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Trustworthy Tools for Trustworthy Programs:
A Mechanically Verified
Verification Condition Generator
for the Total Correctness of Procedures

by Peter Vincent Homeier


As an alternative to testing, formal proofs of a program's correctness may be constructed. The application of these techniques has been limited by the difficulty of constructing the required proofs by hand. The task of proving a program correct can be simplified and eased by a tool called a Verification Condition Generator (VCG). The VCG processes programs written in the specified language, and produces as its result a set of lemmas called verification conditions, as the remainder left for the programmer to prove. The truth of these is intended to imply the correctness of the program. However, most VCGs that have been written have not themselves been verified, making that support unreliable.

We have written a VCG and verified its soundness, proving that if the verification conditions produced are true, then the original program is totally correct. This proof is conducted within and checked by the Higher Order Logic (HOL) mechanical proof checker, ensuring its complete soundness. The resulting verified VCG provides an effective means for proving programs totally correct with complete security.

The programming language studied contains two areas of special interest, expressions with side effects, and mutually recursive procedures, with global variables and variable and value parameters. As part of this work, we provide five program logics which together provide an axiomatic semantics for total correctness. Of the five program logics, three are fundamental inventions in this dissertation. These new program logics are used to verify the correctness of expressions, the progress achieved between recursive calls of the same procedure, and the termination of procedures. All of these logics are mechanically proven within the HOL system to be sound with respect to the formal semantics of the language.

The most novel contribution of this dissertation is the discovery of a new method for proving the termination of programs with mutually recursive procedures, which is both more general and easier to use than prior proposals. In addition, VCG automation is naturally supported. This method analyzes the structure of the procedure call graph, generating verification conditions based on the cycles found.

This dissertation was only accomplished by God's grace. Soli Deo Gloria. (To God alone be the glory.)

Associated software

This dissertation has been implemented in a package called Sunrise for the Higher Order Logic theorem prover.

Download a copy of the dissertation.

The dissertation may be downloaded either in one file, or one chapter at a time. Both postscript and PDF versions are provided.

525,606 bytes, 341 pages
859,260 bytes, 341 pages
gzipped tar archive,
containing DVI file and all assocated EPS images
386,040 bytes, 341 pages

Postscript and PDF files
Chapter Title
Preliminary Pages
Title page, Signature page, Dedication, Table of Contents, List of Figures, List of Tables, Acknowledgments, Vita, Publications, Abstract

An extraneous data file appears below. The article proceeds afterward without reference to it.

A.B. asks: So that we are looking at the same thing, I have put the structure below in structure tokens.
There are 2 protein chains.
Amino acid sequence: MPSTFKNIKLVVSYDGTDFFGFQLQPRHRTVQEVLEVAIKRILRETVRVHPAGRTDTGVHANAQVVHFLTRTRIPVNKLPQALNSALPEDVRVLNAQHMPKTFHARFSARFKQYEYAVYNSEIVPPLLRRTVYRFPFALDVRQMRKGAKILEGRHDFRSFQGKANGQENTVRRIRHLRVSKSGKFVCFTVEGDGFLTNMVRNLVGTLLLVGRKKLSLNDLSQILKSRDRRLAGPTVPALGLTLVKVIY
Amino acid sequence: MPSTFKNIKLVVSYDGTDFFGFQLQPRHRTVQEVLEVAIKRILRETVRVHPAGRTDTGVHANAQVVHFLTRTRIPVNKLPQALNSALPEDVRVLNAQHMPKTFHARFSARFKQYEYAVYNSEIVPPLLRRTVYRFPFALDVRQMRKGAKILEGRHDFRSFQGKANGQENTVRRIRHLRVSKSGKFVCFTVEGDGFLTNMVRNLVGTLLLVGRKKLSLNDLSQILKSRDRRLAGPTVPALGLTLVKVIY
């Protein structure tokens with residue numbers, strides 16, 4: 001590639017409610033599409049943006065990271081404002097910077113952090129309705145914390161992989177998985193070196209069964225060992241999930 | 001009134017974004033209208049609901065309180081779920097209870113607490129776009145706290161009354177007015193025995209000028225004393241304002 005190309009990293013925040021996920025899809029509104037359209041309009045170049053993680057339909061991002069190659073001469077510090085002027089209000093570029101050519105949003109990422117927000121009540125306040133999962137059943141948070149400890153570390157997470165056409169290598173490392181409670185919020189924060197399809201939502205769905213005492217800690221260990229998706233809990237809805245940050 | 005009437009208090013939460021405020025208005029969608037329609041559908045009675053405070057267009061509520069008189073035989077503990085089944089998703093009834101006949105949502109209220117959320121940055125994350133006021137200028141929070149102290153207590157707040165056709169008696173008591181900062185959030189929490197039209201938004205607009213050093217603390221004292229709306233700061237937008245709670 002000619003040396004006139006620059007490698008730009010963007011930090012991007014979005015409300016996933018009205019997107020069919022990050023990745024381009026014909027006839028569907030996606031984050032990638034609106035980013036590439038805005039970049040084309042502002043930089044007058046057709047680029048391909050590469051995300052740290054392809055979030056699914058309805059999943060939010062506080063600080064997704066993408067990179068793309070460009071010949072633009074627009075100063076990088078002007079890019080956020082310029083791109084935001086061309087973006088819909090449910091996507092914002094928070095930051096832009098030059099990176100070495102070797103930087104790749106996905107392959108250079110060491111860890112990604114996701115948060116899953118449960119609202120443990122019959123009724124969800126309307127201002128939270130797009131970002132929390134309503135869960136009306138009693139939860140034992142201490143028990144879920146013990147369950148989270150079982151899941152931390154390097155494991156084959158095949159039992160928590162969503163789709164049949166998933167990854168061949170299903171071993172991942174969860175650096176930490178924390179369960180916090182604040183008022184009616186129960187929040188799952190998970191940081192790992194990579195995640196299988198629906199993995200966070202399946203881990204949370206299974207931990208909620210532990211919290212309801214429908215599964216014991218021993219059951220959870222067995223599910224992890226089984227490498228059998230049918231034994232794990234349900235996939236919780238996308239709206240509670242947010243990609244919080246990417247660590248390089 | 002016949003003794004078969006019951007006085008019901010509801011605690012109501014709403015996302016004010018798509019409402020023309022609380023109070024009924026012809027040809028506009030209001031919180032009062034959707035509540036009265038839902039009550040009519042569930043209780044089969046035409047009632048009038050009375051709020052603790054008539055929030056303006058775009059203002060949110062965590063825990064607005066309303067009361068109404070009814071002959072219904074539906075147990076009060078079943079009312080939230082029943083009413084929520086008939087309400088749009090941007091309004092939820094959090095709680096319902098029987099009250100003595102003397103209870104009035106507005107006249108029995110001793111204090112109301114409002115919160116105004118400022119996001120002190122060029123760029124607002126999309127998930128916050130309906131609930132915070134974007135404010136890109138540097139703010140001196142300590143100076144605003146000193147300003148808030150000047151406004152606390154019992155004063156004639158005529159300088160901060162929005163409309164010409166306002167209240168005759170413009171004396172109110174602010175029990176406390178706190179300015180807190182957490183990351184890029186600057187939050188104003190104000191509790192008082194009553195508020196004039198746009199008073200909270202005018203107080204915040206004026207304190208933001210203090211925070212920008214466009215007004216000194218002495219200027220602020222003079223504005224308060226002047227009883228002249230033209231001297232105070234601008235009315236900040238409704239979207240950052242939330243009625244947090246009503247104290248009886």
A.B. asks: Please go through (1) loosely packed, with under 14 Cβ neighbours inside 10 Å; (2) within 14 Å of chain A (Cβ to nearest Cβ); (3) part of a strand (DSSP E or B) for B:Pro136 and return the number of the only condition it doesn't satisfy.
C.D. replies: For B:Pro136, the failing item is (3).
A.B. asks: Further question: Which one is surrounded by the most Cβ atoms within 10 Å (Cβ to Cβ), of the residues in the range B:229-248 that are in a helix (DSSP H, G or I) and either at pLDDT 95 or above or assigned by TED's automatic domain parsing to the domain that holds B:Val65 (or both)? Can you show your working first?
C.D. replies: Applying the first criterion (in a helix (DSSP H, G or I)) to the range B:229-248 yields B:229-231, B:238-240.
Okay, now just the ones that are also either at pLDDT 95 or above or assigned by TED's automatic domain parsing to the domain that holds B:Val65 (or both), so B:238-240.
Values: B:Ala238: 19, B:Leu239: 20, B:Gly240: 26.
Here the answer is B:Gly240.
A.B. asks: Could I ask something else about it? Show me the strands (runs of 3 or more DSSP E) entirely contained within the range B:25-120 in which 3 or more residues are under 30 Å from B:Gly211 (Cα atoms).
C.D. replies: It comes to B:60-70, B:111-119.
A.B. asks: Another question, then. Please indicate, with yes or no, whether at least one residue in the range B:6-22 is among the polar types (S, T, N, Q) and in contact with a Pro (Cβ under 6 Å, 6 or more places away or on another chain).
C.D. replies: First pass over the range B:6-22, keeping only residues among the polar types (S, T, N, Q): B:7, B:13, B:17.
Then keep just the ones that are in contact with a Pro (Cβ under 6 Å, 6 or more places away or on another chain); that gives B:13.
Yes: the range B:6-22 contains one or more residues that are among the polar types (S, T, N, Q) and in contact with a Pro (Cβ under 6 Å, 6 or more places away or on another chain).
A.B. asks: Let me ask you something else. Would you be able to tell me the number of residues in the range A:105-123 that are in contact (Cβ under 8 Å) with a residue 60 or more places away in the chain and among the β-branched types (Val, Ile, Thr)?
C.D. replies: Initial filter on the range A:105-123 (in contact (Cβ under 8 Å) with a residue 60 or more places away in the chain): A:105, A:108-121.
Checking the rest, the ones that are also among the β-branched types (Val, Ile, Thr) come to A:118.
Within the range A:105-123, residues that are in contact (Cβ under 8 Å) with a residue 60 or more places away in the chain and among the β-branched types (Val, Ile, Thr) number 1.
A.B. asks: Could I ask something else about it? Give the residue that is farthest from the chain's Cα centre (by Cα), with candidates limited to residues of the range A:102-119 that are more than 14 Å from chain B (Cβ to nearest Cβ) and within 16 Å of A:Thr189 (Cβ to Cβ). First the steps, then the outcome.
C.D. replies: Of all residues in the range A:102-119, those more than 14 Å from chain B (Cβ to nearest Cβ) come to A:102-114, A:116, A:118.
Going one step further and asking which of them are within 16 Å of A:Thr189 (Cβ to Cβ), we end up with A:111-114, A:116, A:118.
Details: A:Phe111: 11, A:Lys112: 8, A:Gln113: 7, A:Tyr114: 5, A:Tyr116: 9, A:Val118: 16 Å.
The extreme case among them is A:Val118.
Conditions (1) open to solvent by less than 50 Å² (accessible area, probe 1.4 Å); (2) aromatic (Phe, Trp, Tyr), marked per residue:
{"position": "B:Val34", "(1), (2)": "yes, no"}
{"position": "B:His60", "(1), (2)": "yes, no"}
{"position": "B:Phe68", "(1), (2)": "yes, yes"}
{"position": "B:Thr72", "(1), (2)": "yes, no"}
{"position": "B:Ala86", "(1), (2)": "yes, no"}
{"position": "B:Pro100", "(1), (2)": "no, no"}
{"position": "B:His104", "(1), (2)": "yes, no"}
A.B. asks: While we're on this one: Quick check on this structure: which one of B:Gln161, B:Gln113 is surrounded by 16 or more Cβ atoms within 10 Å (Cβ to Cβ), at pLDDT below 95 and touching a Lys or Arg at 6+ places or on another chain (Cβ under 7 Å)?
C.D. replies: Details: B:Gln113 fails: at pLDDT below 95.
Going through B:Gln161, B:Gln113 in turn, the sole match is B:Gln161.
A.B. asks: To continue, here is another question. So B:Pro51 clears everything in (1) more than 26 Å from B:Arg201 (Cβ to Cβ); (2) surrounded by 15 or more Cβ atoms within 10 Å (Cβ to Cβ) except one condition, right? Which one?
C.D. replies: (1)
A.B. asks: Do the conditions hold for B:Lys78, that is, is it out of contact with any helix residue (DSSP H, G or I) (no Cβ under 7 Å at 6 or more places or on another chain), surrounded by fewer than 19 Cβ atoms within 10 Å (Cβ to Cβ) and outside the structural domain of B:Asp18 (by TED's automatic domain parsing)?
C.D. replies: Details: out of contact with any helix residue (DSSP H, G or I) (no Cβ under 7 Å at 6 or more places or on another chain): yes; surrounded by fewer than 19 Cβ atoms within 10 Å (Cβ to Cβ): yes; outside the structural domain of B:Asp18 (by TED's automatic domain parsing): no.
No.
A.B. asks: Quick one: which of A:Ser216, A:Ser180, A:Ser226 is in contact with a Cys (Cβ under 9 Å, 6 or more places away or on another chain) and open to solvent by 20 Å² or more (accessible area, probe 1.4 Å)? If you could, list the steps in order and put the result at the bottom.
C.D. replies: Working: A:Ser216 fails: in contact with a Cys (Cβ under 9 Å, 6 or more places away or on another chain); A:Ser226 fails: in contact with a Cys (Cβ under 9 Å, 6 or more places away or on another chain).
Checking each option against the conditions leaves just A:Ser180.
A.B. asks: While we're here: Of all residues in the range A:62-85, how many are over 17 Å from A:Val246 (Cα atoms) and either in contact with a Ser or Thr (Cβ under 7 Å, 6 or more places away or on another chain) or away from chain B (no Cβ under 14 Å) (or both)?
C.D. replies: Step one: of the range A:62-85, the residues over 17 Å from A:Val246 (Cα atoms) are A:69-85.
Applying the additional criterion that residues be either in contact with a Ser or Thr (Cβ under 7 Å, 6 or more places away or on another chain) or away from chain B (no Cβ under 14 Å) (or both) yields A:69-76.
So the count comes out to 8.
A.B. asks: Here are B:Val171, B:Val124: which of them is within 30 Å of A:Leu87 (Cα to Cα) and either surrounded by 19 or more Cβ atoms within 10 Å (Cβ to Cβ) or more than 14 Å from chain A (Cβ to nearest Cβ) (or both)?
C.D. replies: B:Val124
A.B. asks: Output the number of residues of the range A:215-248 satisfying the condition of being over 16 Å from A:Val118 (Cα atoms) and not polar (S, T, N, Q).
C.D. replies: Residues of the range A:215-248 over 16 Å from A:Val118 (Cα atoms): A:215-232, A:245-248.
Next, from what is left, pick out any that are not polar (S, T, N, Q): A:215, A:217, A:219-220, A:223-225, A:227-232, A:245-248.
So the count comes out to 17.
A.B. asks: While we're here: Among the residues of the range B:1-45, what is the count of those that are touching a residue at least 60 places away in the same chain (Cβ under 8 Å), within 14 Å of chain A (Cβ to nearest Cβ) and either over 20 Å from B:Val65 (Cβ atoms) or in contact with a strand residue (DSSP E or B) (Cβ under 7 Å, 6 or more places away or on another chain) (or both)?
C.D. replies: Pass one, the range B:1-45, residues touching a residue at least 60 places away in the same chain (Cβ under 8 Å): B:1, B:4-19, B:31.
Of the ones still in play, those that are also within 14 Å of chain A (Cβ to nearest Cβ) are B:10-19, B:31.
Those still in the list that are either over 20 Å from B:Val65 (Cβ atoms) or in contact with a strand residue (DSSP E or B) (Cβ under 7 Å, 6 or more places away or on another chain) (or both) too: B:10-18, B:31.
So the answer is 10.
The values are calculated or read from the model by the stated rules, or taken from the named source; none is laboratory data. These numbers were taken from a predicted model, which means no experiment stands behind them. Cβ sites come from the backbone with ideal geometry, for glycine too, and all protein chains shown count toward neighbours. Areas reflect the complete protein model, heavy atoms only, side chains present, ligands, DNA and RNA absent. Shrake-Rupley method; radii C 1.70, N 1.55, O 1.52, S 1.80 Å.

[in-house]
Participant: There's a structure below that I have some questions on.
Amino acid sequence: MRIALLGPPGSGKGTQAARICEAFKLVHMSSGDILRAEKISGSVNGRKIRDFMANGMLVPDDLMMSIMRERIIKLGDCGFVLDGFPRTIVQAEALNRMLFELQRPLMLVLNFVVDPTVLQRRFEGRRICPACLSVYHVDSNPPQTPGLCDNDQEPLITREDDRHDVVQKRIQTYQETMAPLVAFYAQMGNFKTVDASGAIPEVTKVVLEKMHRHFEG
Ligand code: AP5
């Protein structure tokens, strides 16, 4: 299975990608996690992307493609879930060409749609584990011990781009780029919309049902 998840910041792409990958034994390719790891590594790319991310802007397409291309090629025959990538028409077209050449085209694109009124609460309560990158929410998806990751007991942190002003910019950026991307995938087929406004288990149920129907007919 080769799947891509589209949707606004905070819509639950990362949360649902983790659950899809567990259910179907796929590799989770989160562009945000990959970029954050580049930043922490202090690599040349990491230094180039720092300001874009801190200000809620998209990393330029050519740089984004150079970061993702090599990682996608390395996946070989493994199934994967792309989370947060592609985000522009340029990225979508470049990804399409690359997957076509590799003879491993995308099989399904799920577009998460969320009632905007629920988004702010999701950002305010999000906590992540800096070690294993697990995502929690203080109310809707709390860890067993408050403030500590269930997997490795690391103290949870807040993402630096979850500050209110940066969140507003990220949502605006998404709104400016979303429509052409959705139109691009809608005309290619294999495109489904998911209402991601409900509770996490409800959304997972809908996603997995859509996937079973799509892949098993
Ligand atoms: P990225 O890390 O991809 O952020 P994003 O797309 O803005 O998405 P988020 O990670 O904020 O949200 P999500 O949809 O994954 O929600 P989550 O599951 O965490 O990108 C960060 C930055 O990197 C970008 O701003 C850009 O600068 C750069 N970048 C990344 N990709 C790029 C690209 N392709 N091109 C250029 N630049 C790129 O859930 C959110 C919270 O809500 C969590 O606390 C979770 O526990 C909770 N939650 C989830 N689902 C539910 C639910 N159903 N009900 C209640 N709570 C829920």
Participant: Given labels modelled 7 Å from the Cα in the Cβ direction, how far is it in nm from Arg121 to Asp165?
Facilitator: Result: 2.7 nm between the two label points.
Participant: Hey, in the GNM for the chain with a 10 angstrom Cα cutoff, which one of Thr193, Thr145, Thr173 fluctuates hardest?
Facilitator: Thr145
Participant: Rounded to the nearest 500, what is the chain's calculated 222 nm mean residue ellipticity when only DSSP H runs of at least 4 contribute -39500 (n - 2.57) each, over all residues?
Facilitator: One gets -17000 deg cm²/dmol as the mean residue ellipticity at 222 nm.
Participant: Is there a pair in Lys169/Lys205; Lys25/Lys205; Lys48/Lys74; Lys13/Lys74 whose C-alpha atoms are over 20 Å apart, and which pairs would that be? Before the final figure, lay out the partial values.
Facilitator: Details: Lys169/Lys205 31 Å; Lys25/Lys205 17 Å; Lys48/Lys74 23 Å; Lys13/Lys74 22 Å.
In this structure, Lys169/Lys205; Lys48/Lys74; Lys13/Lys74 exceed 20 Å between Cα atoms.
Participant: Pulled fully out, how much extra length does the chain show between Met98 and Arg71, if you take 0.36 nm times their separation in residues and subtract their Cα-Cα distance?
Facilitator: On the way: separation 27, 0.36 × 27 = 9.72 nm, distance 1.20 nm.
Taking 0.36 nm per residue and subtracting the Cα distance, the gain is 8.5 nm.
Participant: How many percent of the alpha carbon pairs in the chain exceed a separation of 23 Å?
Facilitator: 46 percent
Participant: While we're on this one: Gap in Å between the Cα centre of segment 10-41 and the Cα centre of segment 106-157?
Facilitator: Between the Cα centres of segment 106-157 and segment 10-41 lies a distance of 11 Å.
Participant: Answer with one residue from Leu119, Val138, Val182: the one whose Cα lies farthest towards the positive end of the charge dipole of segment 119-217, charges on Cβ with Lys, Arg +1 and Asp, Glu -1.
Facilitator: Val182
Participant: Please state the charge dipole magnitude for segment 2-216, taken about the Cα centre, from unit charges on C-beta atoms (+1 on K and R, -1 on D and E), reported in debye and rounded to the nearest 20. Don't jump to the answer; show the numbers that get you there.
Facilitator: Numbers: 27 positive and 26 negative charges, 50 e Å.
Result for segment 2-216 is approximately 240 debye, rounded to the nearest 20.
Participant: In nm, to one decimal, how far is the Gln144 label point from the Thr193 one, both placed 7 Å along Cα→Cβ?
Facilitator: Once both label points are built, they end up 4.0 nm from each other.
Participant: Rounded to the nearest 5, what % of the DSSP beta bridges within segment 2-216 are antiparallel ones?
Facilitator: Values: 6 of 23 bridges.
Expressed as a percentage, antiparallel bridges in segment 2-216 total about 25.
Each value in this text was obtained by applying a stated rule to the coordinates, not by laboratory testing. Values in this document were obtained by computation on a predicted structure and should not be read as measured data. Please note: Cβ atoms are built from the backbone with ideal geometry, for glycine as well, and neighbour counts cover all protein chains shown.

Part I:


Chapter 1:
Introduces and motivates the need for program correctness, and introduces the concept of verification condition generators.
Chapter 2:
Underlying Technologies
Describes the foundational technologies that underlie this work, such as structural operational semantics and Floyd/Hoare rules.
Chapter 3:
Survey of Previous Research
A survey of previous research on verification condition generators, and in particular, methods to prove the total correctness of procedures.
Chapter 4:
Organization of Dissertation
Gives the overall organization of the dissertation, and description of each chapter.

Part II:


Chapter 5:
Defines the syntax and semantics of the Sunrise programming language and assertion language.
Chapter 6:
Program Logics
Presents the five program logics, with their fourteen correctness specifications, that can be used to prove Sunrise programs totally correct.
Chapter 7:
Verification Condition Generator
The heart of this work. Defines a verification condition generator for the Sunrise system, and also presents theorems that verify it.
Chapter 8:
Example Runs
Takes this VCG and applies it to several examples, with transcripts.
Chapter 9:
Source Code
Describes the source code of the Sunrise system and where it may be found.

Part III:

Tour of Interesting Aspects

Chapter 10:
Partial Correctness
Describes various aspects of the system relating to partial correctness, including variants, substitution, translation, well-formedness, and semantic stages.
Chapter 11:
Total Correctness
Describes the proof of termination of mutually recursive procedures and programs.

Part IV:


Chapter 12:
Our sense of this work's significance.
Chapter 13:
Ease of Use
Examines the question of ease of use for Sunrise.
Chapter 14:
Future Research
Gives an outline of our plans for future research in this area.
Chapter 15:
Conclusions and References
Presents our conclusions.
Includes the list of references.

Making formal methods into normal methods.